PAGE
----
Friedrich Wilhelm Murnau, an innovator, an expressionist, was one of the most influential film-maker of the silent era. He was born on December 28, 1888 in Bielefeld, Germany. His actual birth name was Friedrich Wilhelm Plumpe. Plumpe had diverse and artistic upbringing, which naturally had a profound effect on the way he viewed the world and expressed himself. His brother Robert Plumpe describes his passion for reading, saying that, “As soon as he could read he fell on every book that came his way, whether it was a novel or a classical drama.” He studied art and literature history and served as a combat pilot in the First World War.
Even at an young age, he staged plays with his brothers and also constructed his own theater. His passion for the stage plays directed him to join a new theatre school founded by Max Reinhardt. Reinhardt was mostly a theater director, but his his innovative ideas about lighting, set design, and continuity had a huge impact on Murnau’s films.The qualities of a stage play evidently inspired the young Murnau as he strove to create a similar type of “symphonic” unity in his films, controlling every step of the process from screenplay, to art direction, to editing. In the early 1920s, he joined the expressionist movement that took root in German cinema.
The political and social unrest in Germany following the first world war resulted in the expressionist movement. The horrors of battles brought about an sense of insecurity and disillusionment. The expressionist films served as allegories combined with the mysticism and folklore. It served as an alternate to the mere facts of 'Naturalism' and 'Romanticism.' The use of hyperbolic artificial sets, dramatic lighting, shadows, graphic effects, and emotionally effusive, gesture-filled acting are some of the elements of Expressionist films. From 1919 to his death in 1931, Murnau made a total of 17 films. Only 12 are said to be survived of the 17.
The Vampire Classic
The first most famous of Murnau's work is the adaptation of Bram Stoker's Dracula, by the title "Nosferatu." The film adaptation caused Stoker to sue Murnau for copyright infringement. All prints of the film were ordered destroyed after Murnau had lost the lawsuit. Only the bootleg prints were stored and preserved over time, so that Nosferatu is now available all around the world. Murnau made an first-class use of shadows and silhouettes in Nosferatu to create the atmosphere of a creature belonging to another world and convey a paranoid sense of evil omnipresence. Starting with the screenplay Murnau was involved in every aspect of the film-making, as in all of his films. From the locations of the lights to the positions of the actors’ bodies was mapped out in advance, as none of those were in the script.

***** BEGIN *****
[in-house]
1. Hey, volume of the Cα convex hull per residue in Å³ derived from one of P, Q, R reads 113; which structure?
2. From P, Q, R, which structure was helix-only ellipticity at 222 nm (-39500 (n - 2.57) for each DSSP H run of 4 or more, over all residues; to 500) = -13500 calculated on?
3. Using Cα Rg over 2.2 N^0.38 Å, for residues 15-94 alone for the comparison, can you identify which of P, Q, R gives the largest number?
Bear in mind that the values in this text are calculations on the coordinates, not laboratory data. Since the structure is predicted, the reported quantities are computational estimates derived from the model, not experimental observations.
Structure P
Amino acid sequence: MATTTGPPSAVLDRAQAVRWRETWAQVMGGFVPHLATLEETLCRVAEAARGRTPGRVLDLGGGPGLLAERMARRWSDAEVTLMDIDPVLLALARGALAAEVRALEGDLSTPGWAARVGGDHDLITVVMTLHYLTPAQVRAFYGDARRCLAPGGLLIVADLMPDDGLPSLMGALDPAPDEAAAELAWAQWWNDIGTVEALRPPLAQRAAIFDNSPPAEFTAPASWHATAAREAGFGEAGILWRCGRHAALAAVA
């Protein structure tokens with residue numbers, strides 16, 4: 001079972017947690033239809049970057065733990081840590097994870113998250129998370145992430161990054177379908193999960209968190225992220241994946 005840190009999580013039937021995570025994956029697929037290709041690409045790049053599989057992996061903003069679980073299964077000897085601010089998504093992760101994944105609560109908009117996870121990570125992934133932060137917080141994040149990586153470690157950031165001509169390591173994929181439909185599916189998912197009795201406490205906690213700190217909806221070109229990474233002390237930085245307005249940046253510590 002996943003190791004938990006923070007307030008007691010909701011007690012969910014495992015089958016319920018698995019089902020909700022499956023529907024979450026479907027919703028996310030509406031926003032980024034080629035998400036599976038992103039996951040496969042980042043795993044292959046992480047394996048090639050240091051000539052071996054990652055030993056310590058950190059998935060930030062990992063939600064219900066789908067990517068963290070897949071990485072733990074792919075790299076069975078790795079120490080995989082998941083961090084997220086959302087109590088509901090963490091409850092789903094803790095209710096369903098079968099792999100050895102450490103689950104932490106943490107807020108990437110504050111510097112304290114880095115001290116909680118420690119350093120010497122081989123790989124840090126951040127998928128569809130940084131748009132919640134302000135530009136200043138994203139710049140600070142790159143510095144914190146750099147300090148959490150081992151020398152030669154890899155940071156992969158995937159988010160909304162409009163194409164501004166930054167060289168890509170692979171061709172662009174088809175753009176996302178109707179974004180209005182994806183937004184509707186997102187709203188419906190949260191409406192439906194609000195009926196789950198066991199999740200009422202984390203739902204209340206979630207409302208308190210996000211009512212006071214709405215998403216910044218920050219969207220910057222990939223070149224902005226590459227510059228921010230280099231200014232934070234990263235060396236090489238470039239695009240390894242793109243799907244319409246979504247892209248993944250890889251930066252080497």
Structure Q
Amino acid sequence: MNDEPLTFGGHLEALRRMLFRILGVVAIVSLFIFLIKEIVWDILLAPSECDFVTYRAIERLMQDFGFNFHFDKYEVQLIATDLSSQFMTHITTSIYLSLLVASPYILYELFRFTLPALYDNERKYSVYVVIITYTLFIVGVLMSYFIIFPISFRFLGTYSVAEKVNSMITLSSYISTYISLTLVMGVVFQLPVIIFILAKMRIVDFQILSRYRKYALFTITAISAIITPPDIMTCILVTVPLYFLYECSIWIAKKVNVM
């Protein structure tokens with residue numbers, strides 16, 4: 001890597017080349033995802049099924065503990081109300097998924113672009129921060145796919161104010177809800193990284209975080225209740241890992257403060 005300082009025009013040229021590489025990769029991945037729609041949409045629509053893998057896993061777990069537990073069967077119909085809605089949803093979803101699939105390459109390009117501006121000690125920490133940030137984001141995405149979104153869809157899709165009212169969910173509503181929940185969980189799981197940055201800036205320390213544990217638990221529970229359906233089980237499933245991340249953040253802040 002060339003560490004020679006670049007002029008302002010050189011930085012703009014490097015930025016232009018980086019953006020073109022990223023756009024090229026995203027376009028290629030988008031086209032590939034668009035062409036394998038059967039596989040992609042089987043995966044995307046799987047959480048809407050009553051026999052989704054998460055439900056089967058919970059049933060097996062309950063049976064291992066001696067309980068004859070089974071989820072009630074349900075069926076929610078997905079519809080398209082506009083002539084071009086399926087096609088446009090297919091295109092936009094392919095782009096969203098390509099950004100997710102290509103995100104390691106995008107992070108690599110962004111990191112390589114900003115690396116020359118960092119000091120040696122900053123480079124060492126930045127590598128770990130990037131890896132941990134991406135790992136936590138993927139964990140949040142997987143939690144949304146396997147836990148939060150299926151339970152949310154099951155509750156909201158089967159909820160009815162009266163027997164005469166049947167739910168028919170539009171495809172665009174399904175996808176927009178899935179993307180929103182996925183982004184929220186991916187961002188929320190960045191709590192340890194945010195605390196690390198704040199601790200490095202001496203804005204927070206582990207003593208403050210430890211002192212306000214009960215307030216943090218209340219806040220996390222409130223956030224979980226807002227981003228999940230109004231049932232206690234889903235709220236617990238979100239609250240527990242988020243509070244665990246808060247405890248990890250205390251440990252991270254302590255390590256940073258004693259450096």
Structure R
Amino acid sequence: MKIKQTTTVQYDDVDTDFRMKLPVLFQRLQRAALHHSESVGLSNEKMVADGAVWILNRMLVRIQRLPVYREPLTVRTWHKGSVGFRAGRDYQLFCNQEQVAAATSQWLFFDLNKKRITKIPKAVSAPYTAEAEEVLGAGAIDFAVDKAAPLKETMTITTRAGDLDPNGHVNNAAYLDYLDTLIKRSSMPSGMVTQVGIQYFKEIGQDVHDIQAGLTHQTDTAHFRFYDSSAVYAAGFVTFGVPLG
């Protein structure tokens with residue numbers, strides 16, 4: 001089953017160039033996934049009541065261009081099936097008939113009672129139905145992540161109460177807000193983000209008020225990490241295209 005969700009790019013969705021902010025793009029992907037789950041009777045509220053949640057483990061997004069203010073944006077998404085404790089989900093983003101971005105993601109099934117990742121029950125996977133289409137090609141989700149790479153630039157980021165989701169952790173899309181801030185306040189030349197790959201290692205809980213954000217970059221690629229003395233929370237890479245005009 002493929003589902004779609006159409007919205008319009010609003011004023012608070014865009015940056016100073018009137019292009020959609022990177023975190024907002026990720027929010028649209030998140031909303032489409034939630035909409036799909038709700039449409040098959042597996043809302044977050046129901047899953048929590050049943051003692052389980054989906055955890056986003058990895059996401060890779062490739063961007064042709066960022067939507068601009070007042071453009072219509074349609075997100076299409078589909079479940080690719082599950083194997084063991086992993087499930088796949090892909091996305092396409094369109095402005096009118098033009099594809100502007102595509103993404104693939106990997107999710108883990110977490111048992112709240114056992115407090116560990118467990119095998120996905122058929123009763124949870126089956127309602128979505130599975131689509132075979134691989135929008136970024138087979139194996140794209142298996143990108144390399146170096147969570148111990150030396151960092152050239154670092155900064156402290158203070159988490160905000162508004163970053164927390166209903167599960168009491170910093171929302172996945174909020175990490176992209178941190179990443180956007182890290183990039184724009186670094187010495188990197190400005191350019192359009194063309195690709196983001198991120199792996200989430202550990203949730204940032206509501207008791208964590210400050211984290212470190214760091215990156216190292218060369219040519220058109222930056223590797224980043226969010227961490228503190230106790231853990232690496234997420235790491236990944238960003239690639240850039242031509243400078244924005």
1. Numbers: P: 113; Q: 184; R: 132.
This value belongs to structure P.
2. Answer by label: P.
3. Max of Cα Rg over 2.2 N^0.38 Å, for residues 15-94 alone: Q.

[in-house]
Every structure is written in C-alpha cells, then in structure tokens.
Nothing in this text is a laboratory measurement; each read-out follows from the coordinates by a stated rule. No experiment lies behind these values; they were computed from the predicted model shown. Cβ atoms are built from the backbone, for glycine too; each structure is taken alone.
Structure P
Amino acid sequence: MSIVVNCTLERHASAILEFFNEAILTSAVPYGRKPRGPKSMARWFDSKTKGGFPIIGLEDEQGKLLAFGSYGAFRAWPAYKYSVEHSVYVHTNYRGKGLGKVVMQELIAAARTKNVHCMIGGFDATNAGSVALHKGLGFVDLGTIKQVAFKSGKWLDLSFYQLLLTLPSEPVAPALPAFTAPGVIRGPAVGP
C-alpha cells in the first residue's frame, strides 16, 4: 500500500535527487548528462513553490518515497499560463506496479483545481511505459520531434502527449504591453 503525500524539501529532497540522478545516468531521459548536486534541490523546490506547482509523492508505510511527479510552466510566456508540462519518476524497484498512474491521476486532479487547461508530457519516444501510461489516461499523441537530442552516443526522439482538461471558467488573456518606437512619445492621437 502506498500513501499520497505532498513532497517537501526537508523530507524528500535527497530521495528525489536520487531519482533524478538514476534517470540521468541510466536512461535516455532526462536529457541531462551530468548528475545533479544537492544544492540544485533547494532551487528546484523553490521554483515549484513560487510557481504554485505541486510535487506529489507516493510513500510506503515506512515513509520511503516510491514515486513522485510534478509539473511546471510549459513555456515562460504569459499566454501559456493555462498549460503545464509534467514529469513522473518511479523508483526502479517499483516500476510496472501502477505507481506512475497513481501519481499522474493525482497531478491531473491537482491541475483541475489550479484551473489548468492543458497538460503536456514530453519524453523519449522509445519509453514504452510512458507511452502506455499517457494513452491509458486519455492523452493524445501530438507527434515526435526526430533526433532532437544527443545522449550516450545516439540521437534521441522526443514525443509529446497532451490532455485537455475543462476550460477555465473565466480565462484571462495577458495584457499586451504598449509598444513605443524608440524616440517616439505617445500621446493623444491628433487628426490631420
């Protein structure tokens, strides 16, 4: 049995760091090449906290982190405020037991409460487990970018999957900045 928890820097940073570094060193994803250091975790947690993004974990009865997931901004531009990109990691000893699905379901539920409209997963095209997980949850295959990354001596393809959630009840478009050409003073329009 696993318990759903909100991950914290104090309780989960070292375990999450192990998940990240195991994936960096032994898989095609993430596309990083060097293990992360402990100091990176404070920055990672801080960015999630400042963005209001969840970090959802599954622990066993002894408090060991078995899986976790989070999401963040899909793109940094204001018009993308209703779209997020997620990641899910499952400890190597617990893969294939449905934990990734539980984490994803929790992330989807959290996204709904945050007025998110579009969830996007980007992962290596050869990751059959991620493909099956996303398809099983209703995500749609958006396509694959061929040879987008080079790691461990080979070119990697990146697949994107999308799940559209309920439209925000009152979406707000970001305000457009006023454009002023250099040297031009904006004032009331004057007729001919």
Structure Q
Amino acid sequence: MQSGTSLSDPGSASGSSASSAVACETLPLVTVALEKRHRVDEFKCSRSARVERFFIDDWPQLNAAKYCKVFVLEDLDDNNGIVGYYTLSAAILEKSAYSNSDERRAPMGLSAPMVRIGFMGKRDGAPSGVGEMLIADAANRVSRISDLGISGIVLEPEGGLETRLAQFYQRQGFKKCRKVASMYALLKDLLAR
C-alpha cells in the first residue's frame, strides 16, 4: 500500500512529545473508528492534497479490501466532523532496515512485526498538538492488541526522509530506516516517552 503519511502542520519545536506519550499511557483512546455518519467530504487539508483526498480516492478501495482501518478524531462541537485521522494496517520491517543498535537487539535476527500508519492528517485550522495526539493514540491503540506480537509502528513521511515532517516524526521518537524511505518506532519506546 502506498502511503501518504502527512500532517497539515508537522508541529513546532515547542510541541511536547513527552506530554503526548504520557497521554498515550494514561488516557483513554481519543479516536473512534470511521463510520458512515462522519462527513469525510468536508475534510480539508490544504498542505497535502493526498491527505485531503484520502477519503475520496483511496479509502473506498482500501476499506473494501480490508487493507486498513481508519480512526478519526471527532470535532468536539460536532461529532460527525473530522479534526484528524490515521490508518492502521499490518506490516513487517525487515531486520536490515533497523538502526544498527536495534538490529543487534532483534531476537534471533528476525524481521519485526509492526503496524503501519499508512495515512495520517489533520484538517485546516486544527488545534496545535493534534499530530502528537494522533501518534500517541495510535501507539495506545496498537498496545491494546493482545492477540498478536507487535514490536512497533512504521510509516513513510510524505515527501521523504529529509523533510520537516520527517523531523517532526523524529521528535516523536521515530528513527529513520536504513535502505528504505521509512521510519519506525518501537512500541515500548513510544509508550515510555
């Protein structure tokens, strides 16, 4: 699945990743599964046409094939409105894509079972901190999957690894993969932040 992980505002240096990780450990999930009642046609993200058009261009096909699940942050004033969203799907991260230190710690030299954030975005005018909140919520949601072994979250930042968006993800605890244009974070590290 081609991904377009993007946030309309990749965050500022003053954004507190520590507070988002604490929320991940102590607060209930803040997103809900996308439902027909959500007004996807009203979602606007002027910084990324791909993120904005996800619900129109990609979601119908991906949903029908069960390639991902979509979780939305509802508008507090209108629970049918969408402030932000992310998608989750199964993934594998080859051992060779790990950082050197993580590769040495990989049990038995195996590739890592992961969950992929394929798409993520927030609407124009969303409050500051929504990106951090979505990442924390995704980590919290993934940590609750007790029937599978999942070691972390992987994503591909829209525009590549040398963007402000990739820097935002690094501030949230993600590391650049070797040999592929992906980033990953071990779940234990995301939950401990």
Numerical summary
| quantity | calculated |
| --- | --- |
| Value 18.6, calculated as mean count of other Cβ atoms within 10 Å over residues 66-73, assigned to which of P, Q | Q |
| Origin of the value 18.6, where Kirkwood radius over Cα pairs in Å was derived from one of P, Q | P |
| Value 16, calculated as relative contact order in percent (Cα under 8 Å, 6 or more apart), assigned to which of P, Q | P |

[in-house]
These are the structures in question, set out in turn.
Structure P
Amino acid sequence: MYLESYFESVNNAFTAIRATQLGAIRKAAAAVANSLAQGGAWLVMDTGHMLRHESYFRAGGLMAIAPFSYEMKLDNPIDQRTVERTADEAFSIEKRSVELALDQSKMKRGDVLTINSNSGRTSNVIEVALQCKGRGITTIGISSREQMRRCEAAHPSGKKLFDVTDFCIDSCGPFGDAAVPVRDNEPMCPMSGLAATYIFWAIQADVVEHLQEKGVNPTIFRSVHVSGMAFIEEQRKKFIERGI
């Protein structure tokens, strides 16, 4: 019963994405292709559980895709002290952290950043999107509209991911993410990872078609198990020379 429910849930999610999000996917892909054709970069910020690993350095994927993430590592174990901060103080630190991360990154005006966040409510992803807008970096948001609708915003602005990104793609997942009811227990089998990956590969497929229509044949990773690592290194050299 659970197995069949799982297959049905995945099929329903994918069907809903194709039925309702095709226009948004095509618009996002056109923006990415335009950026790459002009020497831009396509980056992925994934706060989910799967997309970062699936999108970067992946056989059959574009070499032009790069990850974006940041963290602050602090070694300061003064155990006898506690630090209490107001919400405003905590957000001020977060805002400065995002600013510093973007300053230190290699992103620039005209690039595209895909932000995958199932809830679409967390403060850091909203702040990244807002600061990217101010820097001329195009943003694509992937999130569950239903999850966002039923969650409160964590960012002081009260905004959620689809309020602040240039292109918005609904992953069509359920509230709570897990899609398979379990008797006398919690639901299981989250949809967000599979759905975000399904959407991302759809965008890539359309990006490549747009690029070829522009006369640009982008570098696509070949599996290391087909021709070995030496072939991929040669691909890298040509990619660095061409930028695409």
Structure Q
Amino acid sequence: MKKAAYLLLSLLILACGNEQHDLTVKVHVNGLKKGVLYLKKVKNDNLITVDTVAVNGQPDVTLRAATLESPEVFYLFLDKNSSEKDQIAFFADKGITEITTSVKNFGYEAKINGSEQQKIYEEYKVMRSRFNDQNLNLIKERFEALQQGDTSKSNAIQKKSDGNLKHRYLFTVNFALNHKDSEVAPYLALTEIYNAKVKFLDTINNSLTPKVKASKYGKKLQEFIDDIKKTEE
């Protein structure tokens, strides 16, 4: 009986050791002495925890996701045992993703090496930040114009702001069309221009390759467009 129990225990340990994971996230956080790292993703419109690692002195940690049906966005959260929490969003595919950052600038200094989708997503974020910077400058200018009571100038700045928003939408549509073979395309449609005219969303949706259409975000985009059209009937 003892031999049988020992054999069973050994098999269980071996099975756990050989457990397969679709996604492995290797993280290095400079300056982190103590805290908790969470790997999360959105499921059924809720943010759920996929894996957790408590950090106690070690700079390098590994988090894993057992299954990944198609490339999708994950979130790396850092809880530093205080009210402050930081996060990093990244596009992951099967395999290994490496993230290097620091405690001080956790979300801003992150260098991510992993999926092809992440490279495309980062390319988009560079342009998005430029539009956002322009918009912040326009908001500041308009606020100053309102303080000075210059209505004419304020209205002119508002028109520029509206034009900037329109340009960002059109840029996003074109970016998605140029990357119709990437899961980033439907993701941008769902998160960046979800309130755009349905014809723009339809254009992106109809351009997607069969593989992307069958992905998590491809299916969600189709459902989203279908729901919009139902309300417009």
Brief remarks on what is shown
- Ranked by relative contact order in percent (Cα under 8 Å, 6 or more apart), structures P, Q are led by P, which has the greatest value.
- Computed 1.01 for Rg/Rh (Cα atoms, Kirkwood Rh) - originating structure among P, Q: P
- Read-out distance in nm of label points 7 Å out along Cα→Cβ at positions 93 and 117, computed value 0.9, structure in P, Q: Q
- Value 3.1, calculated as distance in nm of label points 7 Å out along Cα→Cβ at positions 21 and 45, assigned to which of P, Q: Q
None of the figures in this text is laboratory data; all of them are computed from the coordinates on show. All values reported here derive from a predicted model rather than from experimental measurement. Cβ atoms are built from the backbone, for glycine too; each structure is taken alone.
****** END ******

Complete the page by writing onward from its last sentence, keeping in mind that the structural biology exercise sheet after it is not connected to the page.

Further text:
In Nosferatu, Murnau had a very definite feeling for camera angle and in the establishment of a macabre mood. Fritz Arno Wagner's cinematography was notably good, particularly a scene of frightened horses in the twilight and the close-ups of the architecture of the count's castle. Another form of pure cinematic resource is the projection of negative film on to the screen, which gave an effect of reversed values to the ordinary projection of positive. A curious feeling of lifelessness is obtained by the use of negative in this way. The decision to use genuine landscapes rather than studio-built sets was one of the important feature of Nosferatu. The realistic monolithic feeling of the landscape, shown in long, brooding takes, conveys a different kind of expressionism from the one achieved by artistically distorted sets in a studio.
Changing Fortunes of a Doorman
The bear-bodied Emil Jannings commanded the screen of F. W. Murnau’s brilliant silent film classic, The Last Laugh, which was made in 1924. The movie was most famous for its complete lack of inter-titles and for its reliance on film as purely a visual medium to tell its story. The film’s intense sense of humanity, reflected in both its careful attention to expressions and gestures as well as its use of deep focus conveys a sense of reality within which Murnau presents an upper and lower class seemingly on the same footing. The genius and chemistry of the Murnau-Jannings accompanies this pure artistic film.
The Last Laugh established the film as an independent medium of expression. It was a remarkable example of filmic unity, of centralization of purpose and of perfect continuity. By psychological understanding, every action suggested a thought to the audience, every angle a mood that was unmistakable in meaning. The Last Laugh was cine-fiction in its purest form; exemplary of the rhythmic composition proper to the film. This film was followed up by Tartuff (1925). It had the same production team and is memorable for its simplicity. The scenario was again by Carl Meyer; the camerawork by Karl Freund; and the architecture by Walter Rohrig.
From the acting standpoint Tartuff was a remarkable example of harmonious talent, typical of German completeness. The viewer could feel that there was an underlying current of humor running throughout each sequence, a humor that was not without its vital dramatic moments. Tartuffe constituted Jannings' third portrayal of comedy. The atmosphere that surrounded the film and its characters is of simplification, of graceful curves, and wonderful detail of plaster and iron work. There was no customary over-decoration. Unnecessary details was eliminated to the better effect of the mass.